Answer – She can begin benefits with August 2023 and receive 100% of her PIA. No reduction for age 😎.
Hey Marc! – I have a client who is unable to download his XML files from SSA.gov. He currently has filed for, and was approved for, disability benefits due to start in February (although he did just get a call saying his claim was rejected – that might be a whole other issue!). Anyhow, I know the SSA system itself isn’t having an issue because I was able to download my own file.
Does the system block someone who is currently collecting any benefit from downloading their XML files? That doesn’t seem right to me. Afterall, it’s now the only document where you can go back and see year-by-year earnings since the start of a taxpayer’s work history.
Answer – I’m not sure what the issue would be. I receive benefits and can download my file so it’s not that unless they changed something when they update their website. He may need to call the 800# and ask for assistance.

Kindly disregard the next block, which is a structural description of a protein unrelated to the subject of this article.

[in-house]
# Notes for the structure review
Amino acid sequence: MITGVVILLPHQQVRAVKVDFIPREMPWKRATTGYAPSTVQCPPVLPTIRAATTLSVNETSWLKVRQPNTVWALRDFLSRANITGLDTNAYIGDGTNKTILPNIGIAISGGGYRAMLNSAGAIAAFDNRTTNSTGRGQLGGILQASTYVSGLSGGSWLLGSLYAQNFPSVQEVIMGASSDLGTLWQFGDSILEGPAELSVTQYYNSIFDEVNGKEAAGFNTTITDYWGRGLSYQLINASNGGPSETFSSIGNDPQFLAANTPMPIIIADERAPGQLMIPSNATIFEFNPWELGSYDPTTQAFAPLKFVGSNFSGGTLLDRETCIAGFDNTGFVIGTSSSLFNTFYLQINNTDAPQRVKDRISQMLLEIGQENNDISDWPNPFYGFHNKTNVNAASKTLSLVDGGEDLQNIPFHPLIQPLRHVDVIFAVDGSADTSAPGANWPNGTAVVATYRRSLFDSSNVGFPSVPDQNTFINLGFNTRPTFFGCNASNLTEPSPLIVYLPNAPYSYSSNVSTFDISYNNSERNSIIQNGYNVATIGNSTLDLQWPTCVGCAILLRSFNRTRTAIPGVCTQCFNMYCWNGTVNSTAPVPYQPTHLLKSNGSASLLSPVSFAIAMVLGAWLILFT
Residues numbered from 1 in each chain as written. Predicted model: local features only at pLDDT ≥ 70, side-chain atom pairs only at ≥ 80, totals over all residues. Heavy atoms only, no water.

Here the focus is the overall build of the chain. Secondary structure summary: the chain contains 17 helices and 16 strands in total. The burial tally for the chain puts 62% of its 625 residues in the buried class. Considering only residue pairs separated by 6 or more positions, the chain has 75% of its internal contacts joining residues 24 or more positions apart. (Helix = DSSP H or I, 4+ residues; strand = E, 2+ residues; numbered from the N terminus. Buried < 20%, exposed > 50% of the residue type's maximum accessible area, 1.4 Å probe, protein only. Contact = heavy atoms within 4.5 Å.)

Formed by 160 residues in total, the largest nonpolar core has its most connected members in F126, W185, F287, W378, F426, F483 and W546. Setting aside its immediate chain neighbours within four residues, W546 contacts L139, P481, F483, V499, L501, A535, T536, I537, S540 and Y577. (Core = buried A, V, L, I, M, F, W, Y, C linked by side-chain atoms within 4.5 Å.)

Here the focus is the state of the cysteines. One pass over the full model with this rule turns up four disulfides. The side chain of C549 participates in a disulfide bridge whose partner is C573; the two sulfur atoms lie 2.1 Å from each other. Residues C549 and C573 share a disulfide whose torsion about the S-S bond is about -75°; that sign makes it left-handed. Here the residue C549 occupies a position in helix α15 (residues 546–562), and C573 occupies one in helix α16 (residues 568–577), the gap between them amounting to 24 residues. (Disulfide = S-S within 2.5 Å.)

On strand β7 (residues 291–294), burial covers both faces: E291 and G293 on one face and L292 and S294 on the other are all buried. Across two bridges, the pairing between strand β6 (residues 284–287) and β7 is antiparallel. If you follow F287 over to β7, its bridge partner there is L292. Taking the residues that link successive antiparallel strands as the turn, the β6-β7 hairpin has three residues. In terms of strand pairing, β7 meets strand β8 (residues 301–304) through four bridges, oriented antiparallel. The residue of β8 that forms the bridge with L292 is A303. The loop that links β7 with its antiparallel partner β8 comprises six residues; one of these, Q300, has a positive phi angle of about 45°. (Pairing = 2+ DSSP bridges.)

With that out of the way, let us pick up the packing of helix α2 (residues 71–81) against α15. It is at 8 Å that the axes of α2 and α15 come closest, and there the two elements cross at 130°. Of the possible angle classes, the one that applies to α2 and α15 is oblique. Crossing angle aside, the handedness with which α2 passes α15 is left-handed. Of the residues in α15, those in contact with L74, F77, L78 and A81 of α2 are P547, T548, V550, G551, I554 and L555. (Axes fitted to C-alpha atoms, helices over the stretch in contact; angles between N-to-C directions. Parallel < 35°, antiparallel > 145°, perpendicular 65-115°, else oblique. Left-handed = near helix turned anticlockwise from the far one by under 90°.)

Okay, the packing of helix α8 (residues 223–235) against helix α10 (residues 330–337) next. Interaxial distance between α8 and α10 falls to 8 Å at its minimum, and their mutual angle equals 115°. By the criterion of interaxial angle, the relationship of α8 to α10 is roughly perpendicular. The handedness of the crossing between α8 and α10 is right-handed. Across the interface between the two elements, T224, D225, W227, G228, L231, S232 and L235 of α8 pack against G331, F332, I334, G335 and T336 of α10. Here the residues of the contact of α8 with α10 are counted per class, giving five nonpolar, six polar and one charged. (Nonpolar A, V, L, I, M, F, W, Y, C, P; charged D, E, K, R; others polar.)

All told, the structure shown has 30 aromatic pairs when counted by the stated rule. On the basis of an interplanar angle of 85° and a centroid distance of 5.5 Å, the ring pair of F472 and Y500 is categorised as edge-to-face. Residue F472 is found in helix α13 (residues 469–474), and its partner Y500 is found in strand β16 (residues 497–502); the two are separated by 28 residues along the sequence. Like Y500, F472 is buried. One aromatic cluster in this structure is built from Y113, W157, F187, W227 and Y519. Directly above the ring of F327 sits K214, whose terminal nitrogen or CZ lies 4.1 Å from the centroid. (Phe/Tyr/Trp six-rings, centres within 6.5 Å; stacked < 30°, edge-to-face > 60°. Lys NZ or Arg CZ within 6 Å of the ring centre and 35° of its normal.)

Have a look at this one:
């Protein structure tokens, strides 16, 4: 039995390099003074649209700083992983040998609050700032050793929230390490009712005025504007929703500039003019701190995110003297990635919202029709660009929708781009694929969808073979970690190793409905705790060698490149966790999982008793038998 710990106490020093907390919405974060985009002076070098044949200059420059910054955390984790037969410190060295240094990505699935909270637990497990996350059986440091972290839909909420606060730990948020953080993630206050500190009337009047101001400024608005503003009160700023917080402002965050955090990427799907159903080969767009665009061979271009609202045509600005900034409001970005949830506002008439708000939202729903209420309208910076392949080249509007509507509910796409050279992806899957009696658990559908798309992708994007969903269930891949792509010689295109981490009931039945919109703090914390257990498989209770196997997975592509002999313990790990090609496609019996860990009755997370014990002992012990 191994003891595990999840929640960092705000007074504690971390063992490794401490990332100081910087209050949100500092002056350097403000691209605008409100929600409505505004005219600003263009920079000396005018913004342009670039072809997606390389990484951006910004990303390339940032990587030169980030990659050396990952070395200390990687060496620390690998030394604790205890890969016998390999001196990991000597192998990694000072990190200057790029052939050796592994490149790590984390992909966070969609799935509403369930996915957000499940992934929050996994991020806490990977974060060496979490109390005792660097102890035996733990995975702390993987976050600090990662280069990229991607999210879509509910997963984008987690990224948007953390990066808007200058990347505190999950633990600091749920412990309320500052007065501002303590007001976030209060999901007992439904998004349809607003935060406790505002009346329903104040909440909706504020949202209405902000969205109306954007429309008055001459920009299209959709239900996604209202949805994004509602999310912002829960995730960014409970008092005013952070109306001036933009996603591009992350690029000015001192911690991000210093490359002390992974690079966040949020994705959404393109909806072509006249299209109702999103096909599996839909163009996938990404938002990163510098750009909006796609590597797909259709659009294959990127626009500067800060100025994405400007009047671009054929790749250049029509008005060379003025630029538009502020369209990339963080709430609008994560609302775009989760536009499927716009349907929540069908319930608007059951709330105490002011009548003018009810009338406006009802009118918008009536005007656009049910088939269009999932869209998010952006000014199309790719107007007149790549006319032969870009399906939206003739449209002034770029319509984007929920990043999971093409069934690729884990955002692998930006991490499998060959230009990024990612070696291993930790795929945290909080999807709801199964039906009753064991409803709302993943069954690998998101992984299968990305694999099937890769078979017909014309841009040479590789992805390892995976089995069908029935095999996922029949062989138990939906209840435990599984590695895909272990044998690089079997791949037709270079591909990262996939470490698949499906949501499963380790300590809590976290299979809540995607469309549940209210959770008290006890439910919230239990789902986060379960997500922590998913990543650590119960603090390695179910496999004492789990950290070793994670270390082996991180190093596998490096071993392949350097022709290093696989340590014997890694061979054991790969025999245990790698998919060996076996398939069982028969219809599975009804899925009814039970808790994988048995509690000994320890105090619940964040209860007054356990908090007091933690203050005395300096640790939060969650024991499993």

Hey Marc! – If the person takes the FERS supplement at age 60, does that technically count as starting the pension and GPO will apply to the widow benefit? Or can the person collect the widow benefit at 60 with no GPO reduction and collect the supplement?
Answer – If under FERS, neither WEP or GPO will apply as the individual paid Social Security tax on their wages.
Hey Marc! – Just wanted to confirm with you – does the FRA estimates for someone that is reaching FRA in June 2023 include the COLA increases? Trying to estimate monthly benefit and do a projection on income for 2023. I am referring to the FRA estimates on the My Social Security Account login.